Are you following this?!
Freia, held hostage by the giants-who-are-not-giants, is released having been raped and assaulted so much she remains a wreck and dies early.
Valhalla is a post-modern, steel, glass and concrete structure on top of a
Wotan has no ‘contractual spear’ on which treaties and agreements are inscribed.
It is a golf club.
Northung, is not a great sword, is not plucked from a tree in Hunding’s hut and is variously a Glock, a toy machine gun, a real machine gun, a knife and a club of sorts.
The kidnapped child transmogrifies into Hagen and eventually murders Siegfried.
I could go on.
None of the original plot, already mystifying, is there; the re-imagined story is even more impossible to understand and bears no relation to the original libretto or to the music overarching it.
The reviewers have had a field day. Sam Goodyear headlines his in the Wagner Journal thus:
Coherent incoherence – a “constructively disrespectful” Ring at the Bayreuth Festival!
Cornelius Meister & Valentin Schwarz :
His was slightly more optimistic than most and I have included the whole, very long, review here for anyone interested:
The message from Schwarz’s production, as Goodyear saw it, can basically be summarised as follows:
Society has been led by greedy men and their families, who have raised their children to be focused on useless, material things.
Over several generations, we have become more and more damaged and false in our priorities, as inherited traumas, poor upbringing and a lack of proper education pile on top of one another.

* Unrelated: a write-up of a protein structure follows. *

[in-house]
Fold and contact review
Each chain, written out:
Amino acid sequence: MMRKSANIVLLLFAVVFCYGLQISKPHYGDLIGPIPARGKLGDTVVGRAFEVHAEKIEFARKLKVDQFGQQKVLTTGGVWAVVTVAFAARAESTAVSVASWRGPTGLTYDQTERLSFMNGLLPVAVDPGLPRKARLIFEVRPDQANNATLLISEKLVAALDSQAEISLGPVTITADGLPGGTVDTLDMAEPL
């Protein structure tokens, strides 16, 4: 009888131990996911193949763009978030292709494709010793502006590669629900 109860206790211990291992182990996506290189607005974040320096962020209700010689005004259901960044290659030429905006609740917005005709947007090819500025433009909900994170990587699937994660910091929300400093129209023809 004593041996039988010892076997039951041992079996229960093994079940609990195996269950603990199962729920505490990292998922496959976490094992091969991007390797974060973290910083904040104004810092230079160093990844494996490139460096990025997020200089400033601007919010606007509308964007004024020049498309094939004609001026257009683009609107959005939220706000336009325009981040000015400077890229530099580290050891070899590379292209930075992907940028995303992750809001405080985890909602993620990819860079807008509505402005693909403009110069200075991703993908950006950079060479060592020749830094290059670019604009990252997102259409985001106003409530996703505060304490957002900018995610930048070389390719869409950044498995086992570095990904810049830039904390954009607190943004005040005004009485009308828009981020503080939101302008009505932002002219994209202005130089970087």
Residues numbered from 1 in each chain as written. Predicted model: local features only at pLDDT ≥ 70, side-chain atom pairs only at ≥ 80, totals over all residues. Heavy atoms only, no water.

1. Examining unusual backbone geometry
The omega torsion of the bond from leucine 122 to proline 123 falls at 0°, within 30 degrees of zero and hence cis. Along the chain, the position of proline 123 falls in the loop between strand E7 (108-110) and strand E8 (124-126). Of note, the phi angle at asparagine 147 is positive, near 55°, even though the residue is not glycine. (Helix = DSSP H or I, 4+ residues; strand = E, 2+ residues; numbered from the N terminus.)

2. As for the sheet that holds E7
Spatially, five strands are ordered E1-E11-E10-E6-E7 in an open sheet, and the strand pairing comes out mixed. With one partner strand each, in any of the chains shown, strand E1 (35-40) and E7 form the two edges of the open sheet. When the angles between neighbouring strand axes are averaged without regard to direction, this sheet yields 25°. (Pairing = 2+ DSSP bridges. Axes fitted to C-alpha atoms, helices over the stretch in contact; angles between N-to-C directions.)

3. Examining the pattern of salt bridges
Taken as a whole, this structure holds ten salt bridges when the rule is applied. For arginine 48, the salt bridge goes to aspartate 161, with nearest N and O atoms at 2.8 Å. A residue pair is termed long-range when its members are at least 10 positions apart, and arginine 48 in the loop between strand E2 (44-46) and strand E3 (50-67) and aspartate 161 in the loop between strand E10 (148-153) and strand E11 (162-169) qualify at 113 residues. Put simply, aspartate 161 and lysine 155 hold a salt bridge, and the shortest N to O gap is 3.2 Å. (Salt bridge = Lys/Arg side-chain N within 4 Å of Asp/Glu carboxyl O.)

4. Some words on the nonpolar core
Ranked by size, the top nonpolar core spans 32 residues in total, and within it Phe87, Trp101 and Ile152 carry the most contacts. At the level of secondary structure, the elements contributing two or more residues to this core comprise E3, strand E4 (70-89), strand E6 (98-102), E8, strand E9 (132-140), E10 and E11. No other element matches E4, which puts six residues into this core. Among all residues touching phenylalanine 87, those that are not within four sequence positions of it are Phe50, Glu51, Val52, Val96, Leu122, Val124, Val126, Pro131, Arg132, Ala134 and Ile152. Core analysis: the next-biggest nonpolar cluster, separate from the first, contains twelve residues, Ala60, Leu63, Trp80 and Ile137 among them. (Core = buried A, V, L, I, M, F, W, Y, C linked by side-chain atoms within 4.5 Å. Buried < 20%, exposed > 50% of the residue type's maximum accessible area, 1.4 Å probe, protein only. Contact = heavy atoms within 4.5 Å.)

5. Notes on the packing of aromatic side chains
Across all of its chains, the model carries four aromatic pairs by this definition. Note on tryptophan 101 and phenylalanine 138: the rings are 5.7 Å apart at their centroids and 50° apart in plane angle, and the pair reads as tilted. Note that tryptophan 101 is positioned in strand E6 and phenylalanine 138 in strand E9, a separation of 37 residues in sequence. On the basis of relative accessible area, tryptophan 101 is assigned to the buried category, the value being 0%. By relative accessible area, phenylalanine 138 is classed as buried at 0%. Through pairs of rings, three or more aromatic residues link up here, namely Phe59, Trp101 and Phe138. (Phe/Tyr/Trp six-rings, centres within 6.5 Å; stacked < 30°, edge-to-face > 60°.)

In the present, we – the well-off opera-going middle class – may consider ourselves relatively enlightened. But in reality, we are like the Gibichungs, content as a group to throw our support behind political leaders ever more craven and self-interested, and then swan off to watch the Ring at Bayreuth. We are fiddling while Rome burns, almost literally.
Consequently, nothing serious is being done about climate change. If we continue like this, there will be no “Liebeserlösung”. And those who led us there, will, like Gunther and Hagen in this staging, never be held to account.
So, take a look in the mirror.
Well all that may be true but I am afraid it didn’t work for us at all and fitted neither the Libretto nor the Score.
But, Friends, many of whom may by now be switched off, since Wagner is certainly not everyone’s cup of tea, the overarching music and the singing performances were sublime and worth all the effort.
The most beautiful moment for us was the love duet between Siegmund and Sieglinde in Walküre. The hairs on my arms are still tingling.
The four operas were played out over a week’s stay which gave us time to explore the lovely countryside round Bayreuth, the car giving us great feedom. Not for nothing is this part of Bavaria sometimes called Fränkische Schweiz, Franconian Switzerland; it is reminiscent of parts of Switzerland with its woodlands and steep hills, river valleys and granite outcrops.
We drove over to Waldsassen near the Czech border to see the beautiful Baroque Library, one of the oldest in Europe and the Abbey to which it is attached.
On another day we visited Bamberg